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Retrospective interrupted time series examining hypertension and diabetes medicines usage following changes in patient cost sharing in the ‘Farmácia Popular’ programme in Brazil.

Retrospective interrupted time series examining hypertension and diabetes medicines usage following changes in patient cost sharing in the ‘Farmácia Popular’ programme in Brazil.
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Emmerick ICM, Campos MR, Luiza VL, Chaves LA, Bertoldi AD, Ross-Degnan D,


Emmerick ICM, Campos MR, Luiza VL, Chaves LA, Bertoldi AD, Ross-Degnan D, (click to view)

Emmerick ICM, Campos MR, Luiza VL, Chaves LA, Bertoldi AD, Ross-Degnan D,

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BMJ open 2017 11 037(11) e017308 doi 10.1136/bmjopen-2017-017308
Abstract
OBJECTIVES
‘Farmácia Popular’ (FP) programme was launched in 2004, expanded in 2006 and changed the cost sharing for oral hypoglycaemic (OH) and antihypertensive (AH) medicines in 2009 and in 2011. This paper describes patterns of usage and continuity of coverage for OH and AH medicines following changes in patient cost sharing in the FP.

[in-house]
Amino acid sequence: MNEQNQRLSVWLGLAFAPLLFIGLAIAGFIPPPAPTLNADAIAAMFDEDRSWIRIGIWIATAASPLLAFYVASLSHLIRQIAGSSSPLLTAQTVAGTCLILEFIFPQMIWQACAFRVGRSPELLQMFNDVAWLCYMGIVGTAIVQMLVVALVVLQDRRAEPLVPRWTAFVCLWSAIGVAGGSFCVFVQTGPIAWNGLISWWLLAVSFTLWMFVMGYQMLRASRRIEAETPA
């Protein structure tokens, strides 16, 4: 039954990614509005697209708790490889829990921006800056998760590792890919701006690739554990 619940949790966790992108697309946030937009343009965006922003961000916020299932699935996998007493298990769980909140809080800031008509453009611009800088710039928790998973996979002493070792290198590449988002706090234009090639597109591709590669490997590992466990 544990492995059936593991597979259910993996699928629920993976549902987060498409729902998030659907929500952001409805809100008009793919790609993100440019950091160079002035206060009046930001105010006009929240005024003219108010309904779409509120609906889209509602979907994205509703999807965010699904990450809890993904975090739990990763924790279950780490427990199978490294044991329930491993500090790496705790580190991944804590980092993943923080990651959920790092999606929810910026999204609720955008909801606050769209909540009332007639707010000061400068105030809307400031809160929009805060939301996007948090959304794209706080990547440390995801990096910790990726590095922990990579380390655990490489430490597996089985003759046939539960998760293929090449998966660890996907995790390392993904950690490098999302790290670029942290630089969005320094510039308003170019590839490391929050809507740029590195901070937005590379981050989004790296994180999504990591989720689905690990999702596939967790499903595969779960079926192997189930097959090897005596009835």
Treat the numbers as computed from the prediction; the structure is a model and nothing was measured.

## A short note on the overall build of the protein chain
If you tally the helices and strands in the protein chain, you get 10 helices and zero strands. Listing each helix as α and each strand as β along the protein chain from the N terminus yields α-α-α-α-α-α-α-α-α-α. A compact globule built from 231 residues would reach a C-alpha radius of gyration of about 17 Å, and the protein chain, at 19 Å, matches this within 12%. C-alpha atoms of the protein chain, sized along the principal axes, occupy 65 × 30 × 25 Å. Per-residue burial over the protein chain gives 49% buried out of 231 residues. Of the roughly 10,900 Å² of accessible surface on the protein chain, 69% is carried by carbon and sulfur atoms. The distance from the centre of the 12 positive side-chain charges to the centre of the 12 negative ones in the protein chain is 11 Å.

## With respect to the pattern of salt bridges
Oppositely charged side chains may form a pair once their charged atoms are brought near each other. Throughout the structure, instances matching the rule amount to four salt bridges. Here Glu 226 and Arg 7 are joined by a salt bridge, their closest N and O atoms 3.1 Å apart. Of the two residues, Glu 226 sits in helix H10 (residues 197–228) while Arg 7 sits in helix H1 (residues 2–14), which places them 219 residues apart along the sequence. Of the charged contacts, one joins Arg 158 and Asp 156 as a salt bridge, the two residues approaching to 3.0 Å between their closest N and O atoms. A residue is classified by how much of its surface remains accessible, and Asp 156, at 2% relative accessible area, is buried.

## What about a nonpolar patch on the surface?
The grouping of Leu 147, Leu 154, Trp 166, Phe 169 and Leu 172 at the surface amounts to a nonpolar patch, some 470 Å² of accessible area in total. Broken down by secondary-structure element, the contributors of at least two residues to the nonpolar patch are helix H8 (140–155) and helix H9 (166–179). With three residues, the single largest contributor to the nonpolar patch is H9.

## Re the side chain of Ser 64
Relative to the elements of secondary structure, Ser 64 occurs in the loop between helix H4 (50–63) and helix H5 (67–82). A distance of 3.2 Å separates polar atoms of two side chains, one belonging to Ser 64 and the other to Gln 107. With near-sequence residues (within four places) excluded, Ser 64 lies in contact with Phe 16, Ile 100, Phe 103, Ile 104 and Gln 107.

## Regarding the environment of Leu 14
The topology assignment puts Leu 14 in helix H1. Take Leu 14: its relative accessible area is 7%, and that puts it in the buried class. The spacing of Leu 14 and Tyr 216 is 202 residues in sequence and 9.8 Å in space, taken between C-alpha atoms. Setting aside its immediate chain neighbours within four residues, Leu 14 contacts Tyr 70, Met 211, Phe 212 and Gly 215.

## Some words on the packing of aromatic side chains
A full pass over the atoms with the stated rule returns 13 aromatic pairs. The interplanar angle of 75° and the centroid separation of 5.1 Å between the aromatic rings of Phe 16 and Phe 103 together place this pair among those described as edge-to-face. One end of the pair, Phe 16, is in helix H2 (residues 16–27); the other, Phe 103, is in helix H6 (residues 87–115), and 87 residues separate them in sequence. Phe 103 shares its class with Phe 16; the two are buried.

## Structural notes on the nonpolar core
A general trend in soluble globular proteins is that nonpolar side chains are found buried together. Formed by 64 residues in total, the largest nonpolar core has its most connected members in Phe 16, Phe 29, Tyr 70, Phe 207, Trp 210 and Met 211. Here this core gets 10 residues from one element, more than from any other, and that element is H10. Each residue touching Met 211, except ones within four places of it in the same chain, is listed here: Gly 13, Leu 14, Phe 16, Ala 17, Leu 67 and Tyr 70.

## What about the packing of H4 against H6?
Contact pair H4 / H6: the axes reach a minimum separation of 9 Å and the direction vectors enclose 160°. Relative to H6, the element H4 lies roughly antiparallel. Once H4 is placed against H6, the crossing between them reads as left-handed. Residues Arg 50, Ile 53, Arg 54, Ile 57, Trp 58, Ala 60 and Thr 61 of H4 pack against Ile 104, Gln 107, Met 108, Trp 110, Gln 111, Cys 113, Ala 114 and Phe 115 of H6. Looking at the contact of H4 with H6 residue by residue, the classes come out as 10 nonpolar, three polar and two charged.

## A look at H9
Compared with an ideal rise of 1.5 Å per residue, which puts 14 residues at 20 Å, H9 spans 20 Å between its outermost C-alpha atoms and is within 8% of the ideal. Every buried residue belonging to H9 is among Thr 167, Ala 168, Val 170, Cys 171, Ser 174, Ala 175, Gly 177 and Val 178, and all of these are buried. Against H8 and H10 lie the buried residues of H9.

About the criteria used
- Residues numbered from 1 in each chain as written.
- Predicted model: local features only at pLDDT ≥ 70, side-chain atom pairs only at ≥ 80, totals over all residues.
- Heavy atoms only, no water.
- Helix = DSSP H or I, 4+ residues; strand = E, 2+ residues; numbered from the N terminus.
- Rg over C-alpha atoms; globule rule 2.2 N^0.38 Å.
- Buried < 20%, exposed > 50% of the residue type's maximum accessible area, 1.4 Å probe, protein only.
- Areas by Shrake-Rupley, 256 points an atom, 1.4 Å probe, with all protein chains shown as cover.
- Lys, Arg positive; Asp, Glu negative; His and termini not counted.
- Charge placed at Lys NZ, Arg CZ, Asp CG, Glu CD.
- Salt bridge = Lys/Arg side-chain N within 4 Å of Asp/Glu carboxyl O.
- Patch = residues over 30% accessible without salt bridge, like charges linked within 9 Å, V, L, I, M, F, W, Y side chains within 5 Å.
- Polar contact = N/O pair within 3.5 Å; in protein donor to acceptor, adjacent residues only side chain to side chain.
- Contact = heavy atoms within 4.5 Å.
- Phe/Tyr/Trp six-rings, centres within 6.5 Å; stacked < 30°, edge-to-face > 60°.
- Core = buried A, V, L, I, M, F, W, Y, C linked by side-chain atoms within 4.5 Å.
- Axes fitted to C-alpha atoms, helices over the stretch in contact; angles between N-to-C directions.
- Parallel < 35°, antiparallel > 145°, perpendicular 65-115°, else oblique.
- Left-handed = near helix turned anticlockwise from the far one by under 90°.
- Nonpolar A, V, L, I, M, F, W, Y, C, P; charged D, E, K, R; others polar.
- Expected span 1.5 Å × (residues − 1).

STUDY DESIGN
Interrupted time series study using retrospective administrative data.

METHODS
Monthly programme participation (PP) and proportion of days covered (PDC) were the two outcome measures. The open cohort included all patients with two or more dispensings for a given study medicine in 2008-2012. The interventions were an increase in patient cost sharing in 2009 and zero patient cost sharing for key medicines in 2011.

RESULTS
A total of 3.6 and 9.5 million patients receiving treatment for diabetes and hypertension, respectively, qualified for the study. Before the interventions, PP was growing by 7.3% per month; median PDC varied by medicine from 50% to 75%. After patient cost sharing increased in 2009, PP reduced by 56.5% and PDC decreased for most medicines (median 60.3%). After the 2011 free medicine programme, PP surged by 121 000 new dispensings per month and PDC increased for all covered medicines (80.7%).

CONCLUSION
Cost sharing was found to be a barrier to continuity of treatment in Brazil’s private sector FP programme. Making essential medicines free to patients appear to increase participation and continuity of treatment to clinically beneficial levels (PDC >80%).

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